Pawnshops / Title Pawn

The Department does not license or have jurisdiction over pawnbrokers, pawn transactions, or title pawn transactions.  The following is provided for informational purposes to direct consumers to the appropriate agency for possible assistance with an issue or complaint. 

The Georgia legislature has codified certain requirements for pawnbrokers, pawn transactions, and title pawn transactions.  O.C.G.A. §§ 44-12-130 through 44-12-138.[1]  A “pawnbroker” is any person engaged in the business of lending money on the security of pledged goods, or in the business of purchasing tangible personal property on the condition that it may be redeemed or repurchased by the seller for a fixed price within a fixed period of time, or in the business of purchasing tangible personal property from persons or sources other than manufacturers or licensed dealers as a part of or in conjunction with the above business activities.  O.C.G.A. § 44-12-130(2).  A “pawn transaction” means any loan on the security of pledged goods that may be redeemed or repurchased by the pledgor or seller for a fixed price within a fixed period of time.  O.C.G.A. § 44-12-130(3).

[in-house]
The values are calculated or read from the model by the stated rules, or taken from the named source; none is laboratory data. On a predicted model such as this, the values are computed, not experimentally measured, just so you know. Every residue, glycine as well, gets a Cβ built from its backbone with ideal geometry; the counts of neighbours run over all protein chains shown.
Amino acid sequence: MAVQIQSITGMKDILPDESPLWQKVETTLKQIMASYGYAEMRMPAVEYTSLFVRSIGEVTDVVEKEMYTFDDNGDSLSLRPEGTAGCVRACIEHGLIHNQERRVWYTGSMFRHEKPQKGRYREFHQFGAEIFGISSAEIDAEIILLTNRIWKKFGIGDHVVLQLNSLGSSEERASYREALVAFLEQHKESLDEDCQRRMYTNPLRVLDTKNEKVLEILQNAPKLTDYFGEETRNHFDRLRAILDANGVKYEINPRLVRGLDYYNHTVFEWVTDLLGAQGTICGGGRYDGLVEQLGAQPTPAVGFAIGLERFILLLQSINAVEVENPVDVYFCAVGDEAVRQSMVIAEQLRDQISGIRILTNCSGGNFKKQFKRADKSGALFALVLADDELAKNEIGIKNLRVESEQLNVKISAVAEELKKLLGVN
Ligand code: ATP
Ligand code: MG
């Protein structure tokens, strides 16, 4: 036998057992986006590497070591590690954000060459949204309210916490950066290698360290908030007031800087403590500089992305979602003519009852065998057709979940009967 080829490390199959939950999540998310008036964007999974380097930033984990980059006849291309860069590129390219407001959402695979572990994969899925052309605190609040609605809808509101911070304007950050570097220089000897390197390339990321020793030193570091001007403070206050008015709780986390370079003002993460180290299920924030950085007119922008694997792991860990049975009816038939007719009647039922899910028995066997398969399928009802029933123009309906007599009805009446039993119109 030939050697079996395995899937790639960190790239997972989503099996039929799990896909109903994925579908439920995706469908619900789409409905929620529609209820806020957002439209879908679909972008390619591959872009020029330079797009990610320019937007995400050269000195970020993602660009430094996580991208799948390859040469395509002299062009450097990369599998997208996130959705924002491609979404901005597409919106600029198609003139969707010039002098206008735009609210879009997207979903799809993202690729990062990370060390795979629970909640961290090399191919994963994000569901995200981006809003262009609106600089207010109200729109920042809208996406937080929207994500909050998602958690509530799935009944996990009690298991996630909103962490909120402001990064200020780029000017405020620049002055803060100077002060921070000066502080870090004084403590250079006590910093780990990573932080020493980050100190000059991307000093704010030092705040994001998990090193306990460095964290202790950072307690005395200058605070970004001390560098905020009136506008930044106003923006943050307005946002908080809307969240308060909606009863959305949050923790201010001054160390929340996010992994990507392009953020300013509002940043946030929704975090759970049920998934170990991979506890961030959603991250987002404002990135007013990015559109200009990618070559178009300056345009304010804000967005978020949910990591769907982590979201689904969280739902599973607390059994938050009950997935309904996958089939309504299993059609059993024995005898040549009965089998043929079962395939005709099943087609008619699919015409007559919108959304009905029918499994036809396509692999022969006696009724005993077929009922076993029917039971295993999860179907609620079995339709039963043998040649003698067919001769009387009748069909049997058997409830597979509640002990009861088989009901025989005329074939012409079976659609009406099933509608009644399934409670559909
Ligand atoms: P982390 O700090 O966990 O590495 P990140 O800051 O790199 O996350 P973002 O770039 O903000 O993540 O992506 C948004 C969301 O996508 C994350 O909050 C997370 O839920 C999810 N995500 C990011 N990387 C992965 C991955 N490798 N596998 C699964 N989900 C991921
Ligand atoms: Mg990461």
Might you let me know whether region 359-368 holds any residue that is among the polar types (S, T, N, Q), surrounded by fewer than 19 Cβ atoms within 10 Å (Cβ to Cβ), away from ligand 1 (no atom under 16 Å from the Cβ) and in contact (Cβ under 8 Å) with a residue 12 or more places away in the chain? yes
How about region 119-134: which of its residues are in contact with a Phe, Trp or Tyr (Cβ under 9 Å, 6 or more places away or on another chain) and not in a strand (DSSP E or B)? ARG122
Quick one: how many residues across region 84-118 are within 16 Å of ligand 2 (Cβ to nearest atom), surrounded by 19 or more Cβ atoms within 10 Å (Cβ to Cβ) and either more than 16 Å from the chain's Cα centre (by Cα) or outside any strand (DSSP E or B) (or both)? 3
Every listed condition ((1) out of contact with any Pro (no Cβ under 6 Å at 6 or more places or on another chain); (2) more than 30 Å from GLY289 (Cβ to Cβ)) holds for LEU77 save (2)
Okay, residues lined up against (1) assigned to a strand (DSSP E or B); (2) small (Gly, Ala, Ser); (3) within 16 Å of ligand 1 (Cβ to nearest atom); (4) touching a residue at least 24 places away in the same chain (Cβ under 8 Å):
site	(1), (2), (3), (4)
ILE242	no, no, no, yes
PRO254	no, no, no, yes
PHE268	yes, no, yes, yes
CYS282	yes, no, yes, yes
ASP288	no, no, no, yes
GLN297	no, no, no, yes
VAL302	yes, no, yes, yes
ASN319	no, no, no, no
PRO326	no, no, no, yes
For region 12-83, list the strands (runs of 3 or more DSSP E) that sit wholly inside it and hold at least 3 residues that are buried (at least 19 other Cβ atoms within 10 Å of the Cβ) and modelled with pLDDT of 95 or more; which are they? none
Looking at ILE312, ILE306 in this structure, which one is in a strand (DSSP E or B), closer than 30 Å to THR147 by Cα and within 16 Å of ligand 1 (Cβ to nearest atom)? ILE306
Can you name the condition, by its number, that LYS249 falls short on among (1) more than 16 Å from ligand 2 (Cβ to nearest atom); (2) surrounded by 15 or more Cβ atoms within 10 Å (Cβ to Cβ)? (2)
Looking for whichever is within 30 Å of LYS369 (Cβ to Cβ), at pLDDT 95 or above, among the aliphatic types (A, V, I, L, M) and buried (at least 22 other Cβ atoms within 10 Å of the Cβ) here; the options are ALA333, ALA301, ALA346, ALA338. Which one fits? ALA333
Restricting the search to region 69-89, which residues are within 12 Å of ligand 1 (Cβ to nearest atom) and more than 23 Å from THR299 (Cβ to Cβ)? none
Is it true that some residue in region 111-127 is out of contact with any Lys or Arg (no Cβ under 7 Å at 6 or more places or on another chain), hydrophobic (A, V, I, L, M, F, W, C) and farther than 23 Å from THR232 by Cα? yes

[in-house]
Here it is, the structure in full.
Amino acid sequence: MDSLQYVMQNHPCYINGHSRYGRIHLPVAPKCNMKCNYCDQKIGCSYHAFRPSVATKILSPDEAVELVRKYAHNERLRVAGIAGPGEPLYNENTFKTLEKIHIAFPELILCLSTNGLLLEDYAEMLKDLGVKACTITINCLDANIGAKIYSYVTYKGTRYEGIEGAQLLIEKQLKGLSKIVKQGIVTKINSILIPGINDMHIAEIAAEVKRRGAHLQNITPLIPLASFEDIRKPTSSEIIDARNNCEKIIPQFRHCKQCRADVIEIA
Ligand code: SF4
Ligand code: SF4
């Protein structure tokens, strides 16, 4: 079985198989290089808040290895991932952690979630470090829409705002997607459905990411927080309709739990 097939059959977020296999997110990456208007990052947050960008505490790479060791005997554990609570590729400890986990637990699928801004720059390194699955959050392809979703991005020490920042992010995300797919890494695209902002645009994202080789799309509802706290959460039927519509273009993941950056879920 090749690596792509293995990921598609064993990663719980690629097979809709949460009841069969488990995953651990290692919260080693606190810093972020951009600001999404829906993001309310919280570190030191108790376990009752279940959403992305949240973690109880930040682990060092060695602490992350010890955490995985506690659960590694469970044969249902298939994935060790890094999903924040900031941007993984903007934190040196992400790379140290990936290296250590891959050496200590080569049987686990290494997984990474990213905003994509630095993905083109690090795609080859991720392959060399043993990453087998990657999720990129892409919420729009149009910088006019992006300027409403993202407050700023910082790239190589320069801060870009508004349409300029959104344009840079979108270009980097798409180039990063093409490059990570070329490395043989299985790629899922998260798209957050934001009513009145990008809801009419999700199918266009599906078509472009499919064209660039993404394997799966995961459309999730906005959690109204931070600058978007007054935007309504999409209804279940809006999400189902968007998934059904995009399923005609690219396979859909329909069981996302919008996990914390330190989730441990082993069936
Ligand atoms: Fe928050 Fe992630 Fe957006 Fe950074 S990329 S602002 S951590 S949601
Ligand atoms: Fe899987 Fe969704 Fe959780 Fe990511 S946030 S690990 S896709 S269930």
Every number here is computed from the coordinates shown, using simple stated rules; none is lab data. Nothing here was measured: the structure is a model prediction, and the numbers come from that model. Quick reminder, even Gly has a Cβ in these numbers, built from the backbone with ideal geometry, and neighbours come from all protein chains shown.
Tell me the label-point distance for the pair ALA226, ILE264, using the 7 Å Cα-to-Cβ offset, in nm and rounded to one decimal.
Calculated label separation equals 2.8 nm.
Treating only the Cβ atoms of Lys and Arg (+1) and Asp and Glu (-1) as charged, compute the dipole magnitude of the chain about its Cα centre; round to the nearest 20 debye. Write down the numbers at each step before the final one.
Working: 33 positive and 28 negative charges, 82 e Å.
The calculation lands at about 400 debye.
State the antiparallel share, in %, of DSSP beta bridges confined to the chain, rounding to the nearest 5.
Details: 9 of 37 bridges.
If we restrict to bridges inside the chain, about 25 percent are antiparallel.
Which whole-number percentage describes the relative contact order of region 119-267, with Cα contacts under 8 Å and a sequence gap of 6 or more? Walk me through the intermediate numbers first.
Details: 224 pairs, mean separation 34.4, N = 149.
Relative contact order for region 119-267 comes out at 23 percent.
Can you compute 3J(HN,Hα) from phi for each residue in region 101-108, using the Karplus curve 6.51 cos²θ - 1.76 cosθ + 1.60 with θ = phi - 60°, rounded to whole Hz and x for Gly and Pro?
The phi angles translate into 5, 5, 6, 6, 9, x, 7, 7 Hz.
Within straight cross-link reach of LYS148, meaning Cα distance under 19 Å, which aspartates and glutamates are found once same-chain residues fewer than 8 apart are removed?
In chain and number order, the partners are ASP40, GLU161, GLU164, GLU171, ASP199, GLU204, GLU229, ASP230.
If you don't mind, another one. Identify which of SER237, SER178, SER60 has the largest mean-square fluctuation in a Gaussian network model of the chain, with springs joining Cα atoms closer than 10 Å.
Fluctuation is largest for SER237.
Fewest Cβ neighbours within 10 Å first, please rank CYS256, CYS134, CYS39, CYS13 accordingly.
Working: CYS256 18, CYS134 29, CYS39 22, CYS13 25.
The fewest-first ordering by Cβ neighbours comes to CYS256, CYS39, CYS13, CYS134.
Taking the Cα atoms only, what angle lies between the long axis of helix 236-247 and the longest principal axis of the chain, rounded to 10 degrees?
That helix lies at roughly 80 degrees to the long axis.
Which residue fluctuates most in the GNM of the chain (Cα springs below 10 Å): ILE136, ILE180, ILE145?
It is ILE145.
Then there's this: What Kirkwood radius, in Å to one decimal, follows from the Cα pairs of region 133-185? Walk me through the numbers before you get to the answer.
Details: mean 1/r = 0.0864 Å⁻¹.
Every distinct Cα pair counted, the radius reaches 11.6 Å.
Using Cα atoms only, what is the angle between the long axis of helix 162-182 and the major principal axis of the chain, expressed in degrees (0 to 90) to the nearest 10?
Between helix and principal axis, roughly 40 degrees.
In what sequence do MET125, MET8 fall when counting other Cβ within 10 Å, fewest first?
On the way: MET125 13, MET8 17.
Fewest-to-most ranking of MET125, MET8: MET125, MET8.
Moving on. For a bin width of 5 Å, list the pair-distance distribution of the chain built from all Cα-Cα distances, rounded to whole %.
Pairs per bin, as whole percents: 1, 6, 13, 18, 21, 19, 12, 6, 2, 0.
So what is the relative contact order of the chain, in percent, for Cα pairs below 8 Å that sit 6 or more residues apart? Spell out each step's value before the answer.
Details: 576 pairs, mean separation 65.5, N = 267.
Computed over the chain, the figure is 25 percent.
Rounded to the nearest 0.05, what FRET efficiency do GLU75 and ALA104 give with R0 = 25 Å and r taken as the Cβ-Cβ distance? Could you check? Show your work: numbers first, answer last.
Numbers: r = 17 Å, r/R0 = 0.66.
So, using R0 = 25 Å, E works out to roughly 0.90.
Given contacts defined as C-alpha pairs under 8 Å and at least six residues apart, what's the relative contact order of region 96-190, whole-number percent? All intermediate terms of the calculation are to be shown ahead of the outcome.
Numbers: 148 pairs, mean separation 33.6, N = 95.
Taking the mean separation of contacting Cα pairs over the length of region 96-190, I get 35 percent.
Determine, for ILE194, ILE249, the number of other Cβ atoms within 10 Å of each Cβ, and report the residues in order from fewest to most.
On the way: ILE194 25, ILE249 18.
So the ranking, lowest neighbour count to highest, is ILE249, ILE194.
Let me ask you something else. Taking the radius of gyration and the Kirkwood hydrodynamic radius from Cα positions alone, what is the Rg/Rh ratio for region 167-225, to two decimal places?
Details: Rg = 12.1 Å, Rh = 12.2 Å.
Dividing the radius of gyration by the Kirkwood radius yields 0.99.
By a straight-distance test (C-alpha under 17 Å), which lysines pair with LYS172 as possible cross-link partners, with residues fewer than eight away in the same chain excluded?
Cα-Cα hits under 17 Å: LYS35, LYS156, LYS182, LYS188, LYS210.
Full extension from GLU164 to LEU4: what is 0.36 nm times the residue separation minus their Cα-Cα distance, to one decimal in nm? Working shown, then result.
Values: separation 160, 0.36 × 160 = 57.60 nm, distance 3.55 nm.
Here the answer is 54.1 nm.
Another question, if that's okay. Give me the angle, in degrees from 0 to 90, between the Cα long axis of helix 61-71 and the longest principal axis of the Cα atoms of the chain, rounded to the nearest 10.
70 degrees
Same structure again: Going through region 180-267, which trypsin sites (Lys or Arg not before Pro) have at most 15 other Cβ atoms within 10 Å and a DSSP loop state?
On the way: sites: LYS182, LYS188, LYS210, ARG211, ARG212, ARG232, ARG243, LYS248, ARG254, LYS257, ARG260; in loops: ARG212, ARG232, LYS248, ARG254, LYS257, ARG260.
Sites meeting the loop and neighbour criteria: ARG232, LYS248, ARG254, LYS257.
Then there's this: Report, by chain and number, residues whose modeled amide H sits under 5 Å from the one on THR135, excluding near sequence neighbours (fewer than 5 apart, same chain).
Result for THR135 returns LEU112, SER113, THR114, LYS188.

Georgia law provides that municipal authorities may license pawnbrokers, define powers and privileges by ordinance, and exercise such general supervision as will ensure fair dealing between pawnbrokers and consumers.  O.C.G.A § 44-12-136.  Pawnbrokers are limited in the amount of interest they may charge in connection with a pawn transaction.  O.C.G.A. § 44-12-131.  Additionally, Georgia law requires that pawnbrokers provide consumers with a written “disclosure ticket” in connection with any pawn transaction.  O.C.G.A. § 44-12-138. 

Municipalities may have created other requirements in local ordinances.  Consumers should contact local municipal authorities to determine if there are additional requirements for pawnbrokers and pawn transactions.

For additional information about title pawns and cash advances, please review the Consumer Ed website provided by the Consumer Protection Division of the Georgia Department of Law at





[1] To access these laws or any part of the Georgia Code, please visit the Georgia General Assembly and type in the relevant Code Section (e.g., “44-12-130”) into the provided search bar. (Links off-site)

The Code is provided by the State of Georgia from the Georgia General Assembly's website. In viewing the Code, please be aware that legislation passed during the most recent legislative session may not yet be posted on LexisNexis.